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The Taylor Effect


When Taylor Swift tells a story, you listen. This one is about a time when she got her heart broken.

She was 17. She had booked the biggest opportunity of her life so far, opening for country star Kenny Chesney on tour. “This was going to change my career,” she remembers. But a couple of weeks later, Taylor’s mom gave her bad news. Plans for the tour had shifted, and Taylor was too young to join. “I was devastated devastated emotionally wrecked (adjective) He was devastated to find out he hadn't made the team. ,” she says.

For her 18th birthday, Chesney wrote her a card. It read: “I’m sorry that you couldn’t come on the tour, so I wanted to make it up to you.” With the note was a check. “It was for more money than I’d ever seen in my life,” Swift says. “I was able to fuel my dreams.”

A lot has changed since then. At 34, Swift is a pop superstar and a businesswoman, and on December 7, she was named the 2023 TIME Person of the Year. “This is the proudest and happiest I’ve ever felt,” Swift says. “And the most creatively fulfilled and free I’ve ever been.”

CAPTIVATED Taylor Swift performs for crowds of thousands, such as this one in Buenos Aires, Argentina, on November 9.


An Epic Tour

Swift’s epic Eras Tour played 66 dates across the Americas in 2023. It’s the first concert tour to make more than a billion dollars. Politicians round the world implored implore to beg someone for something (verb) "I implore you all to study," the teacher said to her students. Swift to play their countries. Stadiums, streets, and even cities were renamed for her.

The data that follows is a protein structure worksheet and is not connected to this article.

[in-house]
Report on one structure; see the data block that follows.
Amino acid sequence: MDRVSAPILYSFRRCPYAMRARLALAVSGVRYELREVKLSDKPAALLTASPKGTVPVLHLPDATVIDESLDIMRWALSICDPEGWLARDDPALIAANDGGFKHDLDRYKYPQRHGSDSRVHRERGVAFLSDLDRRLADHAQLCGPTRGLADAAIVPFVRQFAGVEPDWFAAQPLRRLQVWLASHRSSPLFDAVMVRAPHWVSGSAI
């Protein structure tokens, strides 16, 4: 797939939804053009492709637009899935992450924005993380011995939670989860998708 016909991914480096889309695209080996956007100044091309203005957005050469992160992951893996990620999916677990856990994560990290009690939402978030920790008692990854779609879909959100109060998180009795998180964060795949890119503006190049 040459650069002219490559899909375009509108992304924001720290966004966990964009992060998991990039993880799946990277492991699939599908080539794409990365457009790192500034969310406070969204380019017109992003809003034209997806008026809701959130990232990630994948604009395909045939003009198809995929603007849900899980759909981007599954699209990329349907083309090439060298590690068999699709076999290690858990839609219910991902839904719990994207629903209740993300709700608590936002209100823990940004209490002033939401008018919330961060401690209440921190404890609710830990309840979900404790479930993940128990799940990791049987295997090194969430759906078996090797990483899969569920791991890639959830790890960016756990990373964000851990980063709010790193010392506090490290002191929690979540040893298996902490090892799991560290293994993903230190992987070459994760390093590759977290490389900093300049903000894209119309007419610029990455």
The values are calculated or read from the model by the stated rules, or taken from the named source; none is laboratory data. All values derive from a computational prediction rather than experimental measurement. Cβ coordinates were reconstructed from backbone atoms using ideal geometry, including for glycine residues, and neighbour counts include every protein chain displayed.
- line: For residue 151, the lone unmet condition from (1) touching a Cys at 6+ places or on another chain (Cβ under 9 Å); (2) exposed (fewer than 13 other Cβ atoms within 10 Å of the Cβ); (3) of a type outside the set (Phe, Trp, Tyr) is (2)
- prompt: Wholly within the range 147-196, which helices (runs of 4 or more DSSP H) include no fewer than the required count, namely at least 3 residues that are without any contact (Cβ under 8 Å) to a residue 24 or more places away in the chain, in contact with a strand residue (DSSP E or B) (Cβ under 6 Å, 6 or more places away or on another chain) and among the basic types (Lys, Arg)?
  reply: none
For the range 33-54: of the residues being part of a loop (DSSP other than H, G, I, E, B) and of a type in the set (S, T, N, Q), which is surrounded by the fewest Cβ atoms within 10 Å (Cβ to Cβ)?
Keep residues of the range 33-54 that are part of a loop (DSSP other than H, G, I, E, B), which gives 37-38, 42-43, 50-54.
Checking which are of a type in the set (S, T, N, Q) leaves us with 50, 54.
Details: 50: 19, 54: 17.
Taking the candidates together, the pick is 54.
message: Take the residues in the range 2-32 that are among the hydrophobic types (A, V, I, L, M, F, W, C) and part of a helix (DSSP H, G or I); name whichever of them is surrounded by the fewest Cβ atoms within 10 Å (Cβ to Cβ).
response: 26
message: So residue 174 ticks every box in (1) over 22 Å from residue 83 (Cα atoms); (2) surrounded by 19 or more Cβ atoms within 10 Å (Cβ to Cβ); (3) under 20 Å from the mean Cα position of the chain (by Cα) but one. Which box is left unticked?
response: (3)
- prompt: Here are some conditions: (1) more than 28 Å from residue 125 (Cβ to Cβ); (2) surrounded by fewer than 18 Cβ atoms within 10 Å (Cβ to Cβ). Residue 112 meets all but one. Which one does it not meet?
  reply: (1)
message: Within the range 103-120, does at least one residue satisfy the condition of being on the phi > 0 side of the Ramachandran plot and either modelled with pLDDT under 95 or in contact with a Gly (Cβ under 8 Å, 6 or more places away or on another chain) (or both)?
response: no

Swift’s arrival in a city energizes the local economy. A mini economic boom takes place. Hotels and restaurants get more visitors. When Eras kicked off, in Glendale, Arizona, businesses made more money than they did during the 2023 Super Bowl, which was held in the same city.

The “Taylor effect” was noticed at the highest levels of government. “When the Federal Reserve mentions you as the reason economic growth is up, that’s a big deal,” says Ed Tiryakian, who teaches finance at Duke University, in North Carolina.

All of this can be a lot of pressure for one person. After she plays a run of shows, Swift takes a day to rest. “I do not leave my bed except to get food,” she says. “I can barely speak because I’ve been singing for three shows straight.”

Movie Mayhem

The movie version of Swift’s Eras Tour took an uncommon route. It was released directly to theaters, without the help of a Hollywood studio. “I did what I tend to do more and more often these days,” she says, “which is to bet on myself.” Swift made a deal directly with AMC, giving the theater chain its highest single-day ticket sales in history (see “Box-Office Smash”). The premiere took place in Los Angeles, California. Swift packed 13

theaters with thousands of fans. She went into each one thanking audience members for being there. During the movie, Swift sat with her fans, sang along, and danced in her seat. Excitement rippled through the crowds. Swift is “so good at making her personal experience relate to millions of people,” says McCall, 20, a fan. “When I listen to her songs, I think about what I’ve been through—not what she’s been through.”

Box-Office Smash


The Eras Tour is breaking records. So is the movie version. Taylor Swift: The Eras Tour has made more than $250 million at the box office. It had the biggest opening weekend for any concert film: $92.8 million in North America. And it made going to the movies an event. Fans dressed up and swapped friendship bracelets. With no studio involvement, Swift and AMC take home about 57% of ticket sales. You can rent the movie now. —By Annabel Gutterman